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Biopolymers. 2006 Mar;81(4):256-69.

Molecular dynamics simulation studies of a protein-RNA complex with a selectively modified binding interface.

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Chemistry Department and Molecular Biophysics Program, Wesleyan University, Middletown, CT 06459, USA.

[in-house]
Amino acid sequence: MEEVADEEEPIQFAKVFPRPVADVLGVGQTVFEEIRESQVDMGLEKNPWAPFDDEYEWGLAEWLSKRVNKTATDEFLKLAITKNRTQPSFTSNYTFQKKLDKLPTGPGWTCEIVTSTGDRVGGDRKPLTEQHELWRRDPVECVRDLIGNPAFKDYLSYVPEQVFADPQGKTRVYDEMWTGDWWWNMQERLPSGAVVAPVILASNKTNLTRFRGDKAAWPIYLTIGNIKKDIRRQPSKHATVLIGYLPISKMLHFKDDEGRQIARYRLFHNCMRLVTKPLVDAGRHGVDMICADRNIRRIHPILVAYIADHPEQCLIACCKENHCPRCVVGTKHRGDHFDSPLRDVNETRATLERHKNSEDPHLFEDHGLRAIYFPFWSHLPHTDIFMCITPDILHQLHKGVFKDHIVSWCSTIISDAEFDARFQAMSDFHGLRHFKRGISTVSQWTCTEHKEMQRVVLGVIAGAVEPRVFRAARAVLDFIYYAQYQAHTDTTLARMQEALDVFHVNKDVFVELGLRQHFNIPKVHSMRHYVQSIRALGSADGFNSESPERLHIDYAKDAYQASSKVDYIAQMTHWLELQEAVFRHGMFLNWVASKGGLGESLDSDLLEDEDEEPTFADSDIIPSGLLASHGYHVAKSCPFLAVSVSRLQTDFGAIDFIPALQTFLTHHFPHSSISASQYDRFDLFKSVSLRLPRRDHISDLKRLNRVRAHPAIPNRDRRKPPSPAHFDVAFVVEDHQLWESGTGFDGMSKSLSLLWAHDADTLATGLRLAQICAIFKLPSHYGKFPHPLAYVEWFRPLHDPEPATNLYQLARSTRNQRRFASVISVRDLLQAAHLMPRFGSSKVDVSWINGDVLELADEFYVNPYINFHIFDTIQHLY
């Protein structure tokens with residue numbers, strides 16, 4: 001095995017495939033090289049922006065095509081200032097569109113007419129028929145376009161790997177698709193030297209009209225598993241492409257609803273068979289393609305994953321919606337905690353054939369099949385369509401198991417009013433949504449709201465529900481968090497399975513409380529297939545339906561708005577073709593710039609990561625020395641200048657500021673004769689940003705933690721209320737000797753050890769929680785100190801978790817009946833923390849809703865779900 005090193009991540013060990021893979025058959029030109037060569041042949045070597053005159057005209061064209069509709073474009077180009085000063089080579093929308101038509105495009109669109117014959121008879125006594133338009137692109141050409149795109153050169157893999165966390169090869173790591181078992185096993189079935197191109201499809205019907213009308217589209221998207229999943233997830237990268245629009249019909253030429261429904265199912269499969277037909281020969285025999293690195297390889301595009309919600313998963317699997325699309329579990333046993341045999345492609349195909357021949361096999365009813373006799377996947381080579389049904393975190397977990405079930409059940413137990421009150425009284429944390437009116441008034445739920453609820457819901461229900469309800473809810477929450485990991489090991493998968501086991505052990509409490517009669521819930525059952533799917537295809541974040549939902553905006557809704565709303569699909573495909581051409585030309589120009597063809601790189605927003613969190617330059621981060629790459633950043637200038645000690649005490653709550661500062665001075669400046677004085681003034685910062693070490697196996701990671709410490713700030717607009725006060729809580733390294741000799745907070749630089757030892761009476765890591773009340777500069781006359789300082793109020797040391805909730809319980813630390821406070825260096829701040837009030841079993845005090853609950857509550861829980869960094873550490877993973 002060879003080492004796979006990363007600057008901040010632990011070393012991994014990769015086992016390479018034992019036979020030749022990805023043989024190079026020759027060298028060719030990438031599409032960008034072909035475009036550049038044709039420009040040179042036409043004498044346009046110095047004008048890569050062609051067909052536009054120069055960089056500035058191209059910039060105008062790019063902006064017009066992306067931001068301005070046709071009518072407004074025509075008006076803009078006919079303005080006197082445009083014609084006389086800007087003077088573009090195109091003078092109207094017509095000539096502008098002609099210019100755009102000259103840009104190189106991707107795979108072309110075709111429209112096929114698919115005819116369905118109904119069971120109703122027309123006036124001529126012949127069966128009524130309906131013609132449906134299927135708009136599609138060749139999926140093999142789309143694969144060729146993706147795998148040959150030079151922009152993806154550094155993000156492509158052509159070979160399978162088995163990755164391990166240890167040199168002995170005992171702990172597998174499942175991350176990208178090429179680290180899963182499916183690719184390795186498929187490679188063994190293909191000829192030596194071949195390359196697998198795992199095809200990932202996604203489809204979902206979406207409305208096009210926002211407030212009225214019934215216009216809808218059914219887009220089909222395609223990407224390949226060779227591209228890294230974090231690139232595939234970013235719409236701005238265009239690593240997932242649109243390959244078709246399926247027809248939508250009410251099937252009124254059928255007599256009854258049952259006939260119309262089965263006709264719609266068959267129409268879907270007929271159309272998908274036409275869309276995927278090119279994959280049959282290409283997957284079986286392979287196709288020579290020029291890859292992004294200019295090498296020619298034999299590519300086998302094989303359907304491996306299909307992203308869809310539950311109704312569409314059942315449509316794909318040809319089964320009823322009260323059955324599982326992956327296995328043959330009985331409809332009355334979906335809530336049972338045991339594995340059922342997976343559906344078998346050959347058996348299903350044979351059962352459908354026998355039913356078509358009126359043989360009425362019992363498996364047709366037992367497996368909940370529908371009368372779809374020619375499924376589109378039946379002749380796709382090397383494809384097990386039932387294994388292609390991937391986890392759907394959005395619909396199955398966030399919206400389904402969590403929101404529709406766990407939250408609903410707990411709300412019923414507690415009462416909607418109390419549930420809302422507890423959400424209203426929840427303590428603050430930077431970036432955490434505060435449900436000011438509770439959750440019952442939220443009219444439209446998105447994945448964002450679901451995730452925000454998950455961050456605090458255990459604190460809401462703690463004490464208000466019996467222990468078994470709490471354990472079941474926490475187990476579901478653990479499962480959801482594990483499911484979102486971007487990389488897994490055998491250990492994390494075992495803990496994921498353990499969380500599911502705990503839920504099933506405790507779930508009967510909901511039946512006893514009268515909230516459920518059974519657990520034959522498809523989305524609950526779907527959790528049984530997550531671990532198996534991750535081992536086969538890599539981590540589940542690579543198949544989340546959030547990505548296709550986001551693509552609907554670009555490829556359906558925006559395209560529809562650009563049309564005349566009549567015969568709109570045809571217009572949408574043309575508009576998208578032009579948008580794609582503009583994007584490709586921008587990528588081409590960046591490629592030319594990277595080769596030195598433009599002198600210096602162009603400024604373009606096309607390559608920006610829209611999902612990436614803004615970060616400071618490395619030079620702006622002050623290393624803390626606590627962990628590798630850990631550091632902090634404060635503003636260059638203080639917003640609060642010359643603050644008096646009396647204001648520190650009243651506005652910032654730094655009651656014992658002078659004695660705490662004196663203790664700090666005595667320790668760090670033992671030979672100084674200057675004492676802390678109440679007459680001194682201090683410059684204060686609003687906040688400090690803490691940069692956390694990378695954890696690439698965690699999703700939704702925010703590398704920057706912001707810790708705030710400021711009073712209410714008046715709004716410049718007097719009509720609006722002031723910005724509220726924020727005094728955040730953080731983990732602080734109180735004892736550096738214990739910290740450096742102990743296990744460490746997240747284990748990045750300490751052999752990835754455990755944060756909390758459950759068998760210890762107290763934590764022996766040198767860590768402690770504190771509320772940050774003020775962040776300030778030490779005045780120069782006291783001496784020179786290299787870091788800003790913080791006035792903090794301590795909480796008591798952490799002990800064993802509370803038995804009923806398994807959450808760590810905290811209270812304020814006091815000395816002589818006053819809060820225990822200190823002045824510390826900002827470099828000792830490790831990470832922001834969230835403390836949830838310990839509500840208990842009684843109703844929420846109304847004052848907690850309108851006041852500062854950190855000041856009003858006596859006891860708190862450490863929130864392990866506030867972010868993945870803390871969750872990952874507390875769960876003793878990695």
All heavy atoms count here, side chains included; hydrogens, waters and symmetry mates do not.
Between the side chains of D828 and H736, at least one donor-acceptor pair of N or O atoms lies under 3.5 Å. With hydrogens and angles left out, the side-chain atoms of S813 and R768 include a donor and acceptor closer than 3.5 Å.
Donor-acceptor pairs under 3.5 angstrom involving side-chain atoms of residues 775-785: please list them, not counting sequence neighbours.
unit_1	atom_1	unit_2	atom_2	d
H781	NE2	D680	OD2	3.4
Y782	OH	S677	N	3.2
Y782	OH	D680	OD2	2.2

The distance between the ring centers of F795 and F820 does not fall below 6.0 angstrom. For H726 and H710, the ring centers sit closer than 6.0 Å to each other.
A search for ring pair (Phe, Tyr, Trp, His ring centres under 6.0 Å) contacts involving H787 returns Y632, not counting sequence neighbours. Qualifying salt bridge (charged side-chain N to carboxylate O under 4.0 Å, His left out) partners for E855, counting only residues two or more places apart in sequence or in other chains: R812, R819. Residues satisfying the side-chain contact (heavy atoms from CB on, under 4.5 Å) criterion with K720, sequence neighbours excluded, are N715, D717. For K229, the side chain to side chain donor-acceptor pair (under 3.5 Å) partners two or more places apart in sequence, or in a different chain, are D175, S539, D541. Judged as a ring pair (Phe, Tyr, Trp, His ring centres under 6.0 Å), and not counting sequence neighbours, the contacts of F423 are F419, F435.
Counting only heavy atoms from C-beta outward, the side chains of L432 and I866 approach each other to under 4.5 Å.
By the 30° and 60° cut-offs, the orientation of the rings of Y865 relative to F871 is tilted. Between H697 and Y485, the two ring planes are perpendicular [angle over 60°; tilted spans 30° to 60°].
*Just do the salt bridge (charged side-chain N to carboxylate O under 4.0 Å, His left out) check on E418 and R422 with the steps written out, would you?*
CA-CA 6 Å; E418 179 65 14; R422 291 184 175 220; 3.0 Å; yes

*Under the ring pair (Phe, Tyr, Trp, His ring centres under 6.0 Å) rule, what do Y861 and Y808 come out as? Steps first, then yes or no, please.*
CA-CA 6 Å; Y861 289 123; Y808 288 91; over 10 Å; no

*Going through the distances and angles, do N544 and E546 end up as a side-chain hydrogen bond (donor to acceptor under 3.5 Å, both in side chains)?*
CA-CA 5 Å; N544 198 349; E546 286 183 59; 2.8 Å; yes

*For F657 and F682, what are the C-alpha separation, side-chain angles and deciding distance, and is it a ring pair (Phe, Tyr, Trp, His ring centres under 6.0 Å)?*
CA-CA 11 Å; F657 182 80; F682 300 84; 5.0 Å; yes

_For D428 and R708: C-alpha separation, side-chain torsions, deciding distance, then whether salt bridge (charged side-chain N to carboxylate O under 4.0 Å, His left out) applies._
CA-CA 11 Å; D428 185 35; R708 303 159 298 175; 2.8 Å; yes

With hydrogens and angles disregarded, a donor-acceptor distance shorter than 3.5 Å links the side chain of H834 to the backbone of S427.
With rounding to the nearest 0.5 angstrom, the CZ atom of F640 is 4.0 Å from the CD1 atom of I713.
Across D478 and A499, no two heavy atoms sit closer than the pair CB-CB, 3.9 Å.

The RNA recognition motif (RRM) is one of the most common RNA binding domains. We have investigated the contribution of three highly conserved aromatic amino acids to RNA binding by the N-terminal RRM of the U1A protein. Recently, we synthesized a modified base (A-4CPh) in which a phenyl group is tethered to adenine using a linker of 4 methylene groups. The substitution of this base for adenine in the target RNA selectively stabilizes the complex formed with a U1A protein in which one of the conserved aromatic amino acids is replaced with Ala (Phe56Ala). In this article, we report molecular dynamics (MD) simulations that probe the structural consequences of the substitution of A-4CPh for adenine in the wild type and Phe56Ala U1A-RNA complexes and in the free RNA. The simulations suggest that A-4CPh stabilizes the complex formed with Phe56Ala by adopting a folded conformation in which the tethered phenyl group fills the site occupied by the phenyl group of Phe56 in the wild-type complex. In contrast, an extended conformation of A-4CPh is predicted to be most stable in the complex formed with the wild-type protein. The calculations indicate A-4CPh is in an extended conformation in the free RNA. Therefore, preorganizing the structure of the phenyl-tethered base for binding may improve both the affinity and specificity of the RNA containing A-4CPh for the Phe56Ala U1A protein. Taken together, the previous experimental work and the calculations reported here suggest a general design strategy for altering RRM-RNA complex stability.

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